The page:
Starbucks Instant goes mainstream -- will its rep go downstream?

Starbucks instant Via brand going into grocery stores
Starbucks instant Via brand going into grocery stores

The company that hooked the nation on boutique coffee is preparing to make a strong move into the grocery aisle with its instant coffee, Via, and more as- yet-only-hinted-at products. What effect with mainstreaming more of its products have on the equity of the Starbucks brand?

In an interview with The Wall Street Journal, Starbucks chief executive Howard Schultz promised that "very significant consumer packaged goods" are in the pipeline and heading for your local grocery chain. I can only hope those products are tastier than the Via instant, which received very mixed reviews (I think it tastes like... instant coffee).

But does putting Starbucks products on the shelves of stores like Walmart and Kroger diminish the reputation of the company that made $5 lattes popular? Brand marketing expert Adam Hanft, CEO and founder of Hanft Projects, frequent contributor to Public Radio's "Marketplace" and The Huffington Post and co-author of the Dictionary of the Future, think it's not likely to harm the brand. In the public perception, he says, there has been a general blurring of the boundaries between different distribution channels. Thanks, in part, to the Internet we are not so prone to associate the brand of store in which we buy an item with the item itself.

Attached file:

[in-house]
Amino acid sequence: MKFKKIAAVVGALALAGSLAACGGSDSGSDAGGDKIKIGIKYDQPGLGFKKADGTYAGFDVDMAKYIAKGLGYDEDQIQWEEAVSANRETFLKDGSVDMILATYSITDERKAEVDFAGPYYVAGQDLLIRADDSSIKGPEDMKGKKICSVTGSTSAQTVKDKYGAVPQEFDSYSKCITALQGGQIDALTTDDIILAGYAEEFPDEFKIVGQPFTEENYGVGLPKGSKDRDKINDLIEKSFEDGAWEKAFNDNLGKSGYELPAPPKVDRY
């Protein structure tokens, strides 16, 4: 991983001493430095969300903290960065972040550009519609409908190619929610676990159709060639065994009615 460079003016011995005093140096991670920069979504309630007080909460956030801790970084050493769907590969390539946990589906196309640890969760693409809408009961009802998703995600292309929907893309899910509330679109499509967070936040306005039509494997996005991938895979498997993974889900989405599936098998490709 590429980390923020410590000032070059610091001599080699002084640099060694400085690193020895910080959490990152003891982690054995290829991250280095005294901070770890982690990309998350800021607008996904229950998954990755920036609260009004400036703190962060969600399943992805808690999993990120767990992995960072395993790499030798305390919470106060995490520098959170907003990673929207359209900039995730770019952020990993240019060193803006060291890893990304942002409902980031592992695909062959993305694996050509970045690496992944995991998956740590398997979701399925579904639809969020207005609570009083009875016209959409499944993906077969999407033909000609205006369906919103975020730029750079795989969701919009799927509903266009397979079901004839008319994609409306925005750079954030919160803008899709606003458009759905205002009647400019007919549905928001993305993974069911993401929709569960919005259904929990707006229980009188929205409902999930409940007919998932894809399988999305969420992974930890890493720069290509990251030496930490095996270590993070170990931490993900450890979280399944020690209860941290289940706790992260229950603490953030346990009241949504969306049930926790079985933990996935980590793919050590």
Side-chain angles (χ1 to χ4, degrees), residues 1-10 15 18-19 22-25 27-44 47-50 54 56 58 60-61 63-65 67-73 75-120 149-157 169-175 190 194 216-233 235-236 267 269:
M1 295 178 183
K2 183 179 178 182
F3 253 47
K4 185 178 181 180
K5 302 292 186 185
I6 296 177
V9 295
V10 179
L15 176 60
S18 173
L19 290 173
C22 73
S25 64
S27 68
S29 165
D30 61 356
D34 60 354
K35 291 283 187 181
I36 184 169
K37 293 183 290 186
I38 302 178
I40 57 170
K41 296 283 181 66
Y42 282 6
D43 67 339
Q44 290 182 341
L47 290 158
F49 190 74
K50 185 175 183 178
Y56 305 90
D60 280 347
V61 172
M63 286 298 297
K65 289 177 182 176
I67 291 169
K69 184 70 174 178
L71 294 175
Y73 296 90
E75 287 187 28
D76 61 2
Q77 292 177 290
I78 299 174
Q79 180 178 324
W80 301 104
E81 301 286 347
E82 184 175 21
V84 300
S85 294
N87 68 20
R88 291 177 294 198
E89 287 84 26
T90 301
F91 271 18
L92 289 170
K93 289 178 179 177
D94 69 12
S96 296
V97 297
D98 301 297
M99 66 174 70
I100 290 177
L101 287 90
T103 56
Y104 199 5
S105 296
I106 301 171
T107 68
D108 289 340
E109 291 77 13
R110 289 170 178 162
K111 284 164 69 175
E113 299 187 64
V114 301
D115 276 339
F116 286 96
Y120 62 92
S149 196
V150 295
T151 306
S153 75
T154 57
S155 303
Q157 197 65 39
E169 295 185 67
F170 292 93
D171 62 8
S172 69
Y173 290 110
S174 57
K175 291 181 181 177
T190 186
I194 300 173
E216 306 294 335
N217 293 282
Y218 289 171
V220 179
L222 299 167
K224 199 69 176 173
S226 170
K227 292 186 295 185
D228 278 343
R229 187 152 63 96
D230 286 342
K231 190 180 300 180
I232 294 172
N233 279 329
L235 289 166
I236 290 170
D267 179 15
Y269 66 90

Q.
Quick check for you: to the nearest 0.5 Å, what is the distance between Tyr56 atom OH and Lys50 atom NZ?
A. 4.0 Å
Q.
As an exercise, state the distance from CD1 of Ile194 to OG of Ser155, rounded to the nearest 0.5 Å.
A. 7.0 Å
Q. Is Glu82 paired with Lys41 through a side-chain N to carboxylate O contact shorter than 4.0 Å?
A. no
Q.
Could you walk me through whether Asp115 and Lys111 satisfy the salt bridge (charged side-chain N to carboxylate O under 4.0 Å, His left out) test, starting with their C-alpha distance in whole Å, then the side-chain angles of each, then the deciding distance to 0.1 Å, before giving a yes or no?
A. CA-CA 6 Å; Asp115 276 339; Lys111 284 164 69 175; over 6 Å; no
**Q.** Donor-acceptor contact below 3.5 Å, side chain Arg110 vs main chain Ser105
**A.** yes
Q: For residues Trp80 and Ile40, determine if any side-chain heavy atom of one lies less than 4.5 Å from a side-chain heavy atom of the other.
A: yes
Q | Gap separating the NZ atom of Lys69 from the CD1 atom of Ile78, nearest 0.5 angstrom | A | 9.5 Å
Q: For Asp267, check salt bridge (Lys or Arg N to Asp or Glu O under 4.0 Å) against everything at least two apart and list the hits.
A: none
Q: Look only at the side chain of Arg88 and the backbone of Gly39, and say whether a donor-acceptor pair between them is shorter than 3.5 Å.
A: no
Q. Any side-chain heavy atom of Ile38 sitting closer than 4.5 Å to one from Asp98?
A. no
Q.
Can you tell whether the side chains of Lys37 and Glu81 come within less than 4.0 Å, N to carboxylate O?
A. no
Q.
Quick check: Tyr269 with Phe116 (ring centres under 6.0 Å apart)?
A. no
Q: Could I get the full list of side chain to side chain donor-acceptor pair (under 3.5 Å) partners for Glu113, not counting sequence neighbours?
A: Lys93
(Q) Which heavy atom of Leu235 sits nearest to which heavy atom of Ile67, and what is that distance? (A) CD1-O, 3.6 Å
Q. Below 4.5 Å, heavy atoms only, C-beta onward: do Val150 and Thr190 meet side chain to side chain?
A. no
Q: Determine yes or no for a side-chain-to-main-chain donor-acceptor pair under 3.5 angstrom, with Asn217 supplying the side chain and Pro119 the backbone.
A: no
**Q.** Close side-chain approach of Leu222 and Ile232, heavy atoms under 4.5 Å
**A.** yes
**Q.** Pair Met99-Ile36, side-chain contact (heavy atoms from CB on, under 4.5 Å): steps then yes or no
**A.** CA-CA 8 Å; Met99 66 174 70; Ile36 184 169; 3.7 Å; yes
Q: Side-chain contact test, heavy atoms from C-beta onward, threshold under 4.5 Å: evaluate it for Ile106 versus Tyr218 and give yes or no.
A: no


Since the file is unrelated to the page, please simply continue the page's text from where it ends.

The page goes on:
However, Hanft believes the greater challenge for Starbucks will remain finding a way to realize higher margins from the Starbucks coffee shops. Having vacillated with food offerings and bumped up against price ceilings for its drinks, the company is looking for innovations -- a search that recently led to its purchase of the its opening of a different shop concept, the 15th Avenue Coffee and Tea in Seattle.

With all of these moves, Starbucks will need to insure that its brand remain intact. That may prove difficult. Reuters reports that New Yorker Zeynep Inanli is suing the corporation for serving up dangerously hot brew. Remember the infamous 1994 McDonald's lawsuit when the plaintiff won a $2.86 million verdict? For years after, the first thing I thought of when I thought of McDonald's coffee was a scalded lap.

That's how easy brand identification can be corrupted. Fortunately, it appears that Starbucks brand is strong enough to take go a little downmarket.